Learning while laughing
You would be forgiven for assuming that academics spend their days behind desks, writing, lecturing, and venturing out to the lab to test a hypothesis. Learning how to be a researcher undoubtedly requires years of dedication, multiple degrees and countless headaches. Engaging with the public and communities is an essential component of many research projects. Taking complex research ideas and creating something accessible and interesting to the public is a skill which many researchers develop over the course of their careers.
Brian Cox may be a household name, but what about the thousands of other academics? UofG alone has over 4000 – how do they develop their public engagement skills and gain experience?
One particularly innovative method, Bright Club, was developed by Steve Cross and Miriam Miller from University College London to promote public engagement by scientists, academics and others with specialist knowledge. Bright Club is a unique comedic experience, taking place across the country and allowing academics to share their research – and their sense of humour.
Bringing Bright Club to Glasgow
Bright Club Glasgow was created by Dr Zara Gladman who, after being part of the inaugural Scottish team who performed during the Edinburgh Fringe, decided it was time to take the show to Glasgow. Bright Club creates an environment where researchers in Glasgow can connect with the community in a unique way. Academics can share their research through humour, and the public are able to engage with the academic community in a local and welcoming space.
Today, you can find the Bright Club at The Stand Comedy Club in the West End of Glasgow up to four times each year. The academics you’ll laugh along with come from the University of Glasgow, University of Strathclyde, Glasgow Caledonian University, the University of the West of Scotland and from the universities of Edinburgh. Their fields of research are varied.
As Zara explains; “We’ve had philosophers, historians, zoologists; anything that you can do research on, you can perform a Bright Club set about.”.
Thanks to training and rehearsals in the month prior to the event and a good community atmosphere, academics are able to take their experiences of research and communicate them in a light-hearted humorous way to an eclectically mixed audience.
In reaching this audience, current organiser Dr Peter Murray explains that the partnership Bright Club has with The Stand is invaluable. “We could run a comedy night in a lecture theatre but that’s too close to just being a lecture or seminar. The idea is that we are taking the researchers out of their academic environment and into the comedy club setting, and The Stand are amazing and so supportive.”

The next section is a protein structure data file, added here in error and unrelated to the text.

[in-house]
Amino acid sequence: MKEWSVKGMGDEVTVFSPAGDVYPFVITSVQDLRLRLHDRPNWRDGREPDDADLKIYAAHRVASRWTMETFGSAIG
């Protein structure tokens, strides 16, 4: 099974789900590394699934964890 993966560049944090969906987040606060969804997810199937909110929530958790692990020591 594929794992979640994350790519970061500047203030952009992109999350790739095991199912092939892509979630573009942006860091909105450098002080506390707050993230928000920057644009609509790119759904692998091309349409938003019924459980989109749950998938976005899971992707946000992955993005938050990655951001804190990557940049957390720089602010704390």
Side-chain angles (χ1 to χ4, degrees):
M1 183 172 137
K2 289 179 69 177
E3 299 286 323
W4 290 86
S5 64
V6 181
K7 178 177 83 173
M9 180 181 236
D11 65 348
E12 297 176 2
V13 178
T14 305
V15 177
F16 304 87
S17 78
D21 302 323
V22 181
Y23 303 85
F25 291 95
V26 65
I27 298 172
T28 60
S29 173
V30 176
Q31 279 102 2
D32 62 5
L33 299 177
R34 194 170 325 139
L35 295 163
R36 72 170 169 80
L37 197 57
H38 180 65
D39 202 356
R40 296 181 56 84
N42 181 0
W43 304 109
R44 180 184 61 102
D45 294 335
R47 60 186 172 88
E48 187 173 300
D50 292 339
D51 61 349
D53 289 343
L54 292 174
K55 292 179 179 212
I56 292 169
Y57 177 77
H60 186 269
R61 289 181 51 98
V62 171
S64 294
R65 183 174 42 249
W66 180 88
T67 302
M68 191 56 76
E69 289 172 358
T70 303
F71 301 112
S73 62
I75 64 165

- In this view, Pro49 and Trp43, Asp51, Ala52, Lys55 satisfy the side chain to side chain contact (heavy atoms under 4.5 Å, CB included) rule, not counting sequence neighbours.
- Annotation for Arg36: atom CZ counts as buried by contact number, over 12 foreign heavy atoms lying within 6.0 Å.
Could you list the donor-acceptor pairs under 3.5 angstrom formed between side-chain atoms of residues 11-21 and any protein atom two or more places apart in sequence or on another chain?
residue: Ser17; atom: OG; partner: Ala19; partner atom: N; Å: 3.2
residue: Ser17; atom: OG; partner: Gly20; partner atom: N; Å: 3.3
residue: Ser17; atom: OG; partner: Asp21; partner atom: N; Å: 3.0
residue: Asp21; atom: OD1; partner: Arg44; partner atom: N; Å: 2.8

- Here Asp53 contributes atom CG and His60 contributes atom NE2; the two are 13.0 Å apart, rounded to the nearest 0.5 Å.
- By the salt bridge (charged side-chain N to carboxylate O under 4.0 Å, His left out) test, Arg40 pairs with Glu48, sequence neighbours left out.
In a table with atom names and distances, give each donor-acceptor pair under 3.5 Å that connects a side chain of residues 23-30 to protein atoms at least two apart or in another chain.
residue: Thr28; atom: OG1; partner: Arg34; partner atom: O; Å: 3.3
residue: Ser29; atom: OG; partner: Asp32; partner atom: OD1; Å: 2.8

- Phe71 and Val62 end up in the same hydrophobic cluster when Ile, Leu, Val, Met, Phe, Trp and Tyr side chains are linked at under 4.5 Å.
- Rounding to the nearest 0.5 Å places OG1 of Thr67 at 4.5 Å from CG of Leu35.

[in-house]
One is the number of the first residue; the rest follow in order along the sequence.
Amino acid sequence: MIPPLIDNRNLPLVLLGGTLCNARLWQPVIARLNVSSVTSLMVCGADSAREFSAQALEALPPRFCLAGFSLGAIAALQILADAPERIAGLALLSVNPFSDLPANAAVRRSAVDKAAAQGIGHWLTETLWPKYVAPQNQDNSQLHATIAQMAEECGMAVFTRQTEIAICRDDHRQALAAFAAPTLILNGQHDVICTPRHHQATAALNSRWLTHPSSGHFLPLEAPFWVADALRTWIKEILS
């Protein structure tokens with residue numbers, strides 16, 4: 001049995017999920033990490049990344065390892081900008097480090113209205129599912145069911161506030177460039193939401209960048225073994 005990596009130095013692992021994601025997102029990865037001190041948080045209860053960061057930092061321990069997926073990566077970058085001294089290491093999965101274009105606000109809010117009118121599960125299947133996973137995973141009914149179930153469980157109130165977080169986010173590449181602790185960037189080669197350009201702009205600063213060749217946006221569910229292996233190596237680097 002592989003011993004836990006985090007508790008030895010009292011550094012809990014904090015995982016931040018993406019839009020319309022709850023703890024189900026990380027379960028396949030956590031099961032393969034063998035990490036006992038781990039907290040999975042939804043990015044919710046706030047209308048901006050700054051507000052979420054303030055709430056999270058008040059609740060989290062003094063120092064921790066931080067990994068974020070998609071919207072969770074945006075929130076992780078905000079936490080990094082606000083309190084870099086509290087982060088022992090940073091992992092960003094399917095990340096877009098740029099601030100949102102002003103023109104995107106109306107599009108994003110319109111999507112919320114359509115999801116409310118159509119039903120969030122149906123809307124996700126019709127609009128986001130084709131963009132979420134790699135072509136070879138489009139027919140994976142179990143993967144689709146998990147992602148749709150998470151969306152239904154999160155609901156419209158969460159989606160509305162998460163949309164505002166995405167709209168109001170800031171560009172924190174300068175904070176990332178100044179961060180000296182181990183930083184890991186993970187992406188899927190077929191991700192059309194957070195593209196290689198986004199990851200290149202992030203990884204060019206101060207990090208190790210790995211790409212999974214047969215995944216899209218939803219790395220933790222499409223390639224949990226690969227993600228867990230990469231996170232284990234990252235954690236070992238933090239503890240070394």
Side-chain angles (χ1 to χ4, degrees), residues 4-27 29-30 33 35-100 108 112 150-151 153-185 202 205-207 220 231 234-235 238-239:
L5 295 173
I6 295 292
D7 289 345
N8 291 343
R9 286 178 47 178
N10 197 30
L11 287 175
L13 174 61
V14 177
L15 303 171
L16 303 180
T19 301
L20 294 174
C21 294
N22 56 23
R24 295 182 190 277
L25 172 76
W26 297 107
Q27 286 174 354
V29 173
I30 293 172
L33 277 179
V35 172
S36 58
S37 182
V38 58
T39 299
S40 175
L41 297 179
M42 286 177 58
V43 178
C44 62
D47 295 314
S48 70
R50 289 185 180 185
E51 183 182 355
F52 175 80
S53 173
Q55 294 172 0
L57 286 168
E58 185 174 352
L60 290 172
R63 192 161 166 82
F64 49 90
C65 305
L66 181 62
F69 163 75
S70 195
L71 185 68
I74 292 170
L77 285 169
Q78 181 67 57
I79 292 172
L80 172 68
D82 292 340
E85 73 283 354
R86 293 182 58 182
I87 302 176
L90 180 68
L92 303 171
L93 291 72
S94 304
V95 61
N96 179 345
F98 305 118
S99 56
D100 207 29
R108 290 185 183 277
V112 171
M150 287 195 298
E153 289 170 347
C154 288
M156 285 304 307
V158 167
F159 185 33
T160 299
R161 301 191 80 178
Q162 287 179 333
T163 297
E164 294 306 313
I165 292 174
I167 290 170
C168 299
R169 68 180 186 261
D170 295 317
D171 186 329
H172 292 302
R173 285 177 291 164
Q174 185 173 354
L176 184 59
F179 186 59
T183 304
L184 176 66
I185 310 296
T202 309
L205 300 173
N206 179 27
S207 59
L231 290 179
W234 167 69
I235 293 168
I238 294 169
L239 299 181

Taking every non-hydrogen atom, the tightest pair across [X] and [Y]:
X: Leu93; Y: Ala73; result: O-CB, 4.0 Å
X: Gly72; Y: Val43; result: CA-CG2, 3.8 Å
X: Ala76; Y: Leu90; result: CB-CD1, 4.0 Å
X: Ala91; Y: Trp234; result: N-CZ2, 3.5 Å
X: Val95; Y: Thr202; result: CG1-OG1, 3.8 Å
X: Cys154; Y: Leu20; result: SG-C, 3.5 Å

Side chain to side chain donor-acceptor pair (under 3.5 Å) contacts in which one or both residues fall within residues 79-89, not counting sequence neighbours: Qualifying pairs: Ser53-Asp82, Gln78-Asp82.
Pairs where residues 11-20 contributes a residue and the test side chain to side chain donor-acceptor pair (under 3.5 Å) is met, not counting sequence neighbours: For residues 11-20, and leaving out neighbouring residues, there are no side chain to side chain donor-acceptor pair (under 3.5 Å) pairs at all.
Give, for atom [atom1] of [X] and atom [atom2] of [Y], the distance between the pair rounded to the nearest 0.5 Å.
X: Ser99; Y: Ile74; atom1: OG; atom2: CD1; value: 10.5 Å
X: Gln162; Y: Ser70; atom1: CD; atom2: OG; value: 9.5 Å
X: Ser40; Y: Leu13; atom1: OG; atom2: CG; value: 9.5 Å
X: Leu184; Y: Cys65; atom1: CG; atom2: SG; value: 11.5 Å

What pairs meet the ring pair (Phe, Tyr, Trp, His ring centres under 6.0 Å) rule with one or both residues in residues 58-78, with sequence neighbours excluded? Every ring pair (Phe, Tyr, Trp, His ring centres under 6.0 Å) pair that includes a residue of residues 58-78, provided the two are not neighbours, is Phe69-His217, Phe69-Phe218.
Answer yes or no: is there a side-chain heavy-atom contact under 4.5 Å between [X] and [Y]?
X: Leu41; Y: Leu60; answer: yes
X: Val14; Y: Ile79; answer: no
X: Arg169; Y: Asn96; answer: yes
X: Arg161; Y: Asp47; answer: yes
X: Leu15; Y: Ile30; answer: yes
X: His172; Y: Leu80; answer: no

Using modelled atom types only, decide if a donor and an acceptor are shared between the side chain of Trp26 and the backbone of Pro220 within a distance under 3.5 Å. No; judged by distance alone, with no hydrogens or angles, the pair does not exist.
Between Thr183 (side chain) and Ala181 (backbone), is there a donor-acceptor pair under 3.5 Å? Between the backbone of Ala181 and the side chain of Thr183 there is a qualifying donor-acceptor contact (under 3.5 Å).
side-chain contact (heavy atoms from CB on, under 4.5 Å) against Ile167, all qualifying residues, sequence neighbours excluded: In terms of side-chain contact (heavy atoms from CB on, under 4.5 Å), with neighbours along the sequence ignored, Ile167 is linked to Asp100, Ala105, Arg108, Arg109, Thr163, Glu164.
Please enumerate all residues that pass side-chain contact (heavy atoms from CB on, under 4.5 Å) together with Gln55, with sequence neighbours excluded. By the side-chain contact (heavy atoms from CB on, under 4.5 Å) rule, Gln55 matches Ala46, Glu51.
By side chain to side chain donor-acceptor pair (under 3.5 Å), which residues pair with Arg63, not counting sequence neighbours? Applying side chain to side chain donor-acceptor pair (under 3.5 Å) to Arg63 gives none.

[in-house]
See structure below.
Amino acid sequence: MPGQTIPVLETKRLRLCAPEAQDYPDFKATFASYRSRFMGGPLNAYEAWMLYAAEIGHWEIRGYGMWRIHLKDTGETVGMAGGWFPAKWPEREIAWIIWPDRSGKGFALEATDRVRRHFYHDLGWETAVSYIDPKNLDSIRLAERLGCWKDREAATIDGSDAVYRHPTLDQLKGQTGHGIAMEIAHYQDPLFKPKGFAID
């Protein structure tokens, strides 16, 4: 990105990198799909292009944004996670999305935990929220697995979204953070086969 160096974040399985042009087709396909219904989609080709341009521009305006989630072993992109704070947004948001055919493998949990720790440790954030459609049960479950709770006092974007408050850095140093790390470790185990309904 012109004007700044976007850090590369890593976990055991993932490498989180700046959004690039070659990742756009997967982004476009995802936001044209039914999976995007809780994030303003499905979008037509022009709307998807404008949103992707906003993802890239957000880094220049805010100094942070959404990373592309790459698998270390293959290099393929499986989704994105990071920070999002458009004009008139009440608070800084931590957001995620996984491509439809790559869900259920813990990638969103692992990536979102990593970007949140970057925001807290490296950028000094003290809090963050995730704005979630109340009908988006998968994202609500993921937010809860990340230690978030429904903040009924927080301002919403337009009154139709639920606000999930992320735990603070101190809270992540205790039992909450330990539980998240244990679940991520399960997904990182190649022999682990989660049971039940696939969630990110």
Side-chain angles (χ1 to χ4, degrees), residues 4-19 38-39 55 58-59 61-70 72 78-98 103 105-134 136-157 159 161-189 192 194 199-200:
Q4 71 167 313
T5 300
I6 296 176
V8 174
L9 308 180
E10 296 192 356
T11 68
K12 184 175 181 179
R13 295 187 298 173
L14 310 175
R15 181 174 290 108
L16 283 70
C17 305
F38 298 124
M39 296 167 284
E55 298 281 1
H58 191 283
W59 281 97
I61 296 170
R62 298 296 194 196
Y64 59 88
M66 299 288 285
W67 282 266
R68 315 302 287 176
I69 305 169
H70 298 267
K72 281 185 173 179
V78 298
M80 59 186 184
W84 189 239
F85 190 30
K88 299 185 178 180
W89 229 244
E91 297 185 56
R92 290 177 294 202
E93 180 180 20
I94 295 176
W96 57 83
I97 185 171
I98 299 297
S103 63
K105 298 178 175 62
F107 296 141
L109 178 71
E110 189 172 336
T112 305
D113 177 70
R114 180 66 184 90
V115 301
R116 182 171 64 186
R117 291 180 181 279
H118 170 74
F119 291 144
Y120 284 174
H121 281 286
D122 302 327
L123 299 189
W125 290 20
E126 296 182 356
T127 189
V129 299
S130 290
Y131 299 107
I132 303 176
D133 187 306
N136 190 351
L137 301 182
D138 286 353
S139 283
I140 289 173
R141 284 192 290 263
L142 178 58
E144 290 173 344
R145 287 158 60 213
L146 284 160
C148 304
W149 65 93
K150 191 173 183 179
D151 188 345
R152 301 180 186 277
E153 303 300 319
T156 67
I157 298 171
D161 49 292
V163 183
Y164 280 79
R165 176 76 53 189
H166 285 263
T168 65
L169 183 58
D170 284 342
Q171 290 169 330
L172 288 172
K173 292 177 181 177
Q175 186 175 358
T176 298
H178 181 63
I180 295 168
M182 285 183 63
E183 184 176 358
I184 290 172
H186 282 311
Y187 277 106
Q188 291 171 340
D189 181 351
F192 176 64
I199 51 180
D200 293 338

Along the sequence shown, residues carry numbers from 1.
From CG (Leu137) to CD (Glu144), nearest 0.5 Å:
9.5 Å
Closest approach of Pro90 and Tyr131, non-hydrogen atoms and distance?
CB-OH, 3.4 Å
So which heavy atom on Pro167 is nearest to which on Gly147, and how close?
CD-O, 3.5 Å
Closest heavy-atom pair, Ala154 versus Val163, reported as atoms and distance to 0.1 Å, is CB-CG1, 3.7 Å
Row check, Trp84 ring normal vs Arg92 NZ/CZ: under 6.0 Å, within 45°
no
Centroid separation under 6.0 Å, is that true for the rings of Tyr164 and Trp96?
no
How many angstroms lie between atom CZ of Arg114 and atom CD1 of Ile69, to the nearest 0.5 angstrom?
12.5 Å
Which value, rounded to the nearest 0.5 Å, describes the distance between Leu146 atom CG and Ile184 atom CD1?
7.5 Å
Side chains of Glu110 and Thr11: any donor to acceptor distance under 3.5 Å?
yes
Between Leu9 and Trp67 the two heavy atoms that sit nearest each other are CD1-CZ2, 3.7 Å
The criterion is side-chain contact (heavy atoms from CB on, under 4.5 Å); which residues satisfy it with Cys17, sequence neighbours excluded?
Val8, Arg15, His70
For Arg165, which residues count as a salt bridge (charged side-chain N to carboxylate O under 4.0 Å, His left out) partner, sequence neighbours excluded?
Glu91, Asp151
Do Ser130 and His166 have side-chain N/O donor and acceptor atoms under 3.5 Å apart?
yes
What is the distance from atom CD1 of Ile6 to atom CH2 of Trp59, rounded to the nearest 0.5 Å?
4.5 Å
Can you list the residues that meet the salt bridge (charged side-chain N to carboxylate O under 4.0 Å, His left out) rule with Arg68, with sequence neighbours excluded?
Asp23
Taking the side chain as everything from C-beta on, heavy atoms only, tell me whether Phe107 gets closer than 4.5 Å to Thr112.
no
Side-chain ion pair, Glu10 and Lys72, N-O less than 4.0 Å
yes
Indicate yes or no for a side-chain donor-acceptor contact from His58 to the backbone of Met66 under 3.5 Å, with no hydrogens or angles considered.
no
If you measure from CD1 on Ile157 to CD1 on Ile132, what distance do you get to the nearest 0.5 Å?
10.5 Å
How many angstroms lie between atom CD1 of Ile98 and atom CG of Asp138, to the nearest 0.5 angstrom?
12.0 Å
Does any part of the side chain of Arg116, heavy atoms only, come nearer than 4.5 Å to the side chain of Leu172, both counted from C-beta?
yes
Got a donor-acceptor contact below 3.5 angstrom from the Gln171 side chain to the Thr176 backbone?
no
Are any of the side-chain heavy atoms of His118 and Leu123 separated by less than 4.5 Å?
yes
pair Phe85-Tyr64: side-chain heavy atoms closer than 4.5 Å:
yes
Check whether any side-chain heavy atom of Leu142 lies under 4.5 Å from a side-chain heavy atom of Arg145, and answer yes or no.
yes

Peter explains that the host comedians also play an important role, with well-known names such as Jay Lafferty, Chris Forbes and Susan Morrison both lighting up the stage for audiences and supporting nervous academics to become comedians behind the stage.
Bright Club gives academics an opportunity to engage with the community and provide an insight into the research conducted at the University of Glasgow. It provides an inclusive environment for ideas to be shared, and knowledge to be exchanged. Zara explains how Bright Club can make the general public feel less detached from the university community.
"I think Bright Club helps show the public that researchers aren’t the stuffy characters they are often portrayed to be and they have a sense of humour. It humanises research.” Dr Zara Gladman, Public & Community Engagement Advisor, University of Glasgow
Perhaps this is why Bright Club has proved so successful beyond Glasgow borders, with successful shows in partnership with Edinburgh and Dundee Bright Clubs, performances at the Edinburgh Fringe Festival, and even, on occasion, reaching the Shetland Islands. Beyond this, from a personal perspective, the experience of performing stand-up comedy has made “any kind of presentation, whether it’s a big international conference presentation or a lecture… feel like a doddle” for Zara.
Bright Club gives researchers the opportunity to gain new skills and new experiences; and gives local residents the opportunity to learn more about the research being carried out on their doorstep.
If you’re a researcher and want to find out more about getting involved with Bright Club, get in touch with Peter Murray.